Jade Sylvan has been published in PANK, Bayou, Basalt, BuzzFeed, The Sun, Word Riot, and others. Jade was the winner of the 2011 Bayou Editor’s Poetry Prize and was a finalist in the 2012 Basalt Bunchgrass Poetry Prize. Jade has published a book of poetry, The Spark Singer (Spuyten Duyvil Press, 2009), and a nonfiction novel, Kissing Oscar Wilde (Write Bloody Press, 2013). Jade has collaborated with some of the most groundbreaking artists in the Boston arts community in the role of creator, writer, and/or performer, in such wide-ranging genres as film (including co-writing and starring in the feature film, TEN), indie folk music, hip-hop, improv/sketch comedy, vaudeville, drag, visual art, playing anime theme songs on a harmonium, legitimate theatre, and rock & roll. Jade is originally from the Midwest, but now lives in Cambridge, Massachusetts among a rotating cast of geniuses, fairies, magicians, and kings.
We went Behind the Sestina to talk to Sylvan about her “Facebook Sestina,” featured in The Incredible Sestina Anthology.
We’re curious about your sestina-writing life. You’ve written quite a number of them– what keeps you coming back (or are you “sestina retired,” as one poet once said)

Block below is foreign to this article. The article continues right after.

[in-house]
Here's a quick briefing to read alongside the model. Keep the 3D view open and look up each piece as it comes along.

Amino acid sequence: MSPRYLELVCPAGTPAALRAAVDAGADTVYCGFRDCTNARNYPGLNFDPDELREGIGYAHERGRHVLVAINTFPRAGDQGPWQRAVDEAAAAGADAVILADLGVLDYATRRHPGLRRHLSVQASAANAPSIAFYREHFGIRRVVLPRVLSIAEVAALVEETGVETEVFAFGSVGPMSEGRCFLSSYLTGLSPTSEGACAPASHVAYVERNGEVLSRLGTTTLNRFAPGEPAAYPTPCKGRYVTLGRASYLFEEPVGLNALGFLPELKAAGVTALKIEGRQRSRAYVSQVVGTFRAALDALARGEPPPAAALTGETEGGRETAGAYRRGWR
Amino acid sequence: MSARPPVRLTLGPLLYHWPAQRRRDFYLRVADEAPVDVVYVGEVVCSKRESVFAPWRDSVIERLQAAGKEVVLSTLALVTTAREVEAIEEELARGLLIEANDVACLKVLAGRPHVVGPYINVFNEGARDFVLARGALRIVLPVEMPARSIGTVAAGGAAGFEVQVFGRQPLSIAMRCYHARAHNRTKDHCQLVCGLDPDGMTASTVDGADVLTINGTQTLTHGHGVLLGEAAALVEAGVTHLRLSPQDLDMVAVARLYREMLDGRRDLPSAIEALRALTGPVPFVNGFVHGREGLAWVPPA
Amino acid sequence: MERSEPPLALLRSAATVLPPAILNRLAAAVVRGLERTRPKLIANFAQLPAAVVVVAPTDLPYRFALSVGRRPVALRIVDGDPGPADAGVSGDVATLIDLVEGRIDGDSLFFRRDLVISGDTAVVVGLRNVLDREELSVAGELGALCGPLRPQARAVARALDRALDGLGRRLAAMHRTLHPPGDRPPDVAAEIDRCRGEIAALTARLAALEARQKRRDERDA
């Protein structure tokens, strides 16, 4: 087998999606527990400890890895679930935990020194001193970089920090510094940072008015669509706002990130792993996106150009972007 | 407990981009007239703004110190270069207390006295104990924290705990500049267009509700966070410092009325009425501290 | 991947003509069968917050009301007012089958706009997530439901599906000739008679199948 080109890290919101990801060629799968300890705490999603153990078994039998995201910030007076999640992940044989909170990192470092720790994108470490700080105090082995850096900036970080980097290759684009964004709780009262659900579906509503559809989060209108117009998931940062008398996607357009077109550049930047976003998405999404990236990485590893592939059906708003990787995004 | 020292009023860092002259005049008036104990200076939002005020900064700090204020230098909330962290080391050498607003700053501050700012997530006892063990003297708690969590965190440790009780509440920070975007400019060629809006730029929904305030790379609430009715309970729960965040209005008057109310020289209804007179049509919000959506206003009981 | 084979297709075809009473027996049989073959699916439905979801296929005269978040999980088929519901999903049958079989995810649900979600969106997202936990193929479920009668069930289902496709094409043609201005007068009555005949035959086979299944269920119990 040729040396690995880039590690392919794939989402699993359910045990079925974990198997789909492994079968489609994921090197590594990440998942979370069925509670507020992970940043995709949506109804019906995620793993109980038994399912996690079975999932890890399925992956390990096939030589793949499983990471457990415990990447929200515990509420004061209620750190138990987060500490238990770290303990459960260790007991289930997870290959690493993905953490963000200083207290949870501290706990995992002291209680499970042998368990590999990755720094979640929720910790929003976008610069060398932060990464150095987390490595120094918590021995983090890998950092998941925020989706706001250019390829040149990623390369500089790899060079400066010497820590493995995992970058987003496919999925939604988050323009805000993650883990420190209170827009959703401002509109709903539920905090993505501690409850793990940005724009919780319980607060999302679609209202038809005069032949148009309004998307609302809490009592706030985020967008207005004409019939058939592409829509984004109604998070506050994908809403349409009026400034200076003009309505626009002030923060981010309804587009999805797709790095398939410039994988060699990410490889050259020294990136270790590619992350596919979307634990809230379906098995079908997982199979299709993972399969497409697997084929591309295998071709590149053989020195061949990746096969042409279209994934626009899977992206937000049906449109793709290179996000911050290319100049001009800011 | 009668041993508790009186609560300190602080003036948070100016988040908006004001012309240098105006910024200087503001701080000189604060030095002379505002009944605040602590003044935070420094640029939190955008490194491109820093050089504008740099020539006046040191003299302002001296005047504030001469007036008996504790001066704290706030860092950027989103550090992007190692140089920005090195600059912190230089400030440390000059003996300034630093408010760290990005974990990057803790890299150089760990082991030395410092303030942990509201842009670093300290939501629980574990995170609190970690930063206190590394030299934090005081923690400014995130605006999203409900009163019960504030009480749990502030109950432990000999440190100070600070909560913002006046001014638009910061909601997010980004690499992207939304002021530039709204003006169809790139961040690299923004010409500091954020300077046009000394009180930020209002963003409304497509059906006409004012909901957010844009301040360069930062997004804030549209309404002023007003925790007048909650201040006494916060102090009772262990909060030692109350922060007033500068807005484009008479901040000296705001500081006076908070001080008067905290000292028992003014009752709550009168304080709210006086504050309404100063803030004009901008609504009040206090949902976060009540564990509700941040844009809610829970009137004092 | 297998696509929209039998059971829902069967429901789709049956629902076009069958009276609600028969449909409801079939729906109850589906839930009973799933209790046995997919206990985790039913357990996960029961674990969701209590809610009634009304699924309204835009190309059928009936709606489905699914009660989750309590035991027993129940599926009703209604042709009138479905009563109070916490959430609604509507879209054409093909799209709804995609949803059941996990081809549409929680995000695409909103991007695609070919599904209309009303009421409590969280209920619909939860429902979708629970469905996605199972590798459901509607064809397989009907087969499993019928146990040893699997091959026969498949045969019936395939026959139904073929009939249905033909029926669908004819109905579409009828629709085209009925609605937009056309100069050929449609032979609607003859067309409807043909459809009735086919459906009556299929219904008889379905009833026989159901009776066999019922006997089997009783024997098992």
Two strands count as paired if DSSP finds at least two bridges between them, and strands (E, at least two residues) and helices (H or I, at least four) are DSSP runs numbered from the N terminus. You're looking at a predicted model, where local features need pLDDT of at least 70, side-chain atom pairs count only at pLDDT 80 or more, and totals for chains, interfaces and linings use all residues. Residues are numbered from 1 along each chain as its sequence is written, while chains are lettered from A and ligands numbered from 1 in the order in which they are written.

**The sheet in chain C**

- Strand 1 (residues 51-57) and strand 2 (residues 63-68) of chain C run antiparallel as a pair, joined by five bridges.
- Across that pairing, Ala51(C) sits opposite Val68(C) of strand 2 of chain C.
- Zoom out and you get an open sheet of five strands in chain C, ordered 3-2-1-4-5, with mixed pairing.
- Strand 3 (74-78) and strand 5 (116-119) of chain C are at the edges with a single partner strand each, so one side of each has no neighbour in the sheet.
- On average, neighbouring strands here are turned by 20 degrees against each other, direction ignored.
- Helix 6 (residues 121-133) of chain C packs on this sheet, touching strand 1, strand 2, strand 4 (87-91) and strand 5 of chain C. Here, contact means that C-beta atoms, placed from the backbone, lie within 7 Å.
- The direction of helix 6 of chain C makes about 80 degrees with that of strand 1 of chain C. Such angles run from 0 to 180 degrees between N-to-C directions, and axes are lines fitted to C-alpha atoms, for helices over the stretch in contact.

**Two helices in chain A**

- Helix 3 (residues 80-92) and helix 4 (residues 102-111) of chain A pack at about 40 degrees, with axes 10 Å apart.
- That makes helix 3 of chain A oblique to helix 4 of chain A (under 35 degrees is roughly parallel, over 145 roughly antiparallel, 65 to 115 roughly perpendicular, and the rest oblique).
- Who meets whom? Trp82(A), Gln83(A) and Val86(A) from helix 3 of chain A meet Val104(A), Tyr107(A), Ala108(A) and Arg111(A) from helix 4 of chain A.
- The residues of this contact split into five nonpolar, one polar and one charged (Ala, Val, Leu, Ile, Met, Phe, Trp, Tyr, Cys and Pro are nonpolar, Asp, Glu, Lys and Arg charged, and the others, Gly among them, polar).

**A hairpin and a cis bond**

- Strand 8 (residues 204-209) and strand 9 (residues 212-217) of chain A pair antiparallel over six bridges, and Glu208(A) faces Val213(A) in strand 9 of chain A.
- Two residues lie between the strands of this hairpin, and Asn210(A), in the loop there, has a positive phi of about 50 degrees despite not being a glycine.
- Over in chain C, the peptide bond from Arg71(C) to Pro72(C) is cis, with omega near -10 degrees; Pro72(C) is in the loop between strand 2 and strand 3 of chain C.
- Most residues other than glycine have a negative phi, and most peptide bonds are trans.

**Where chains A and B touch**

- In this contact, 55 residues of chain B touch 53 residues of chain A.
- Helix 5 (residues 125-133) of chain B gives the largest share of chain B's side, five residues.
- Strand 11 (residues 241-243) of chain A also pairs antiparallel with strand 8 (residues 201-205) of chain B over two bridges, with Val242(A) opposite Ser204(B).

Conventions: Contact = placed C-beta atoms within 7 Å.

Repetition, meter, and form in poetry has always been soothing to me. I specifically love the way re-contextualizing the same words can completely change their meaning, and how sometimes that changed meaning can make you go back and look at the word as it appears earlier in the poem differently.
Even in my free verse and prose, I tend to repeat words, images and themes throughout in different contexts. Once a writer friend described one of my prose poems as an “exploded sestina.”I liked that. I write a lot of exploded sestinas.
Can you walk us through the composition of “Facebook Sestina”? Is it inspired by real life events, place, narrative? I like the idea of a campfire as a metaphor for the popular social networking site? Am I barking up the right tree there?
I was at a human evolution exhibit in the Natural History Museum in DC a couple years ago, and they had one of those “Evolution of Humans” timelines. You know the type: long line with little illustrations of Cro-Magnons with evolutionary turning-points marked at things like “Developing Language” and “Burying the Dead.” This one had marked “Gathering at the Hearth,” as one of these turning-points. I’ve always been interested in evolution, and I’ve seen a ton of these timelines, but I’d never seen “Gathering at the Hearth” listed alongside “Fashioning Tools” as a major event in human evolution. I realized that this was the earliest form of networking, and that the reason the scientists suddenly considered networking to be an intrinsic part of being human was probably things like Facebook. The sestina form fit perfectly. I decided to use half Facebook words (“like,” “friends,” “share”) and half half-Facebook words (“light,” “alone,” “build”) as the repeated words. Then it was just a puzzle.
Finally, the first sestinas were always dedicated to someone—to whom would your sestina be dedicated?
Since I refuse to dedicate anything to Mark Zuckerberg, I guess I’ll dedicate this to the Borg Queen. Resistence is futile.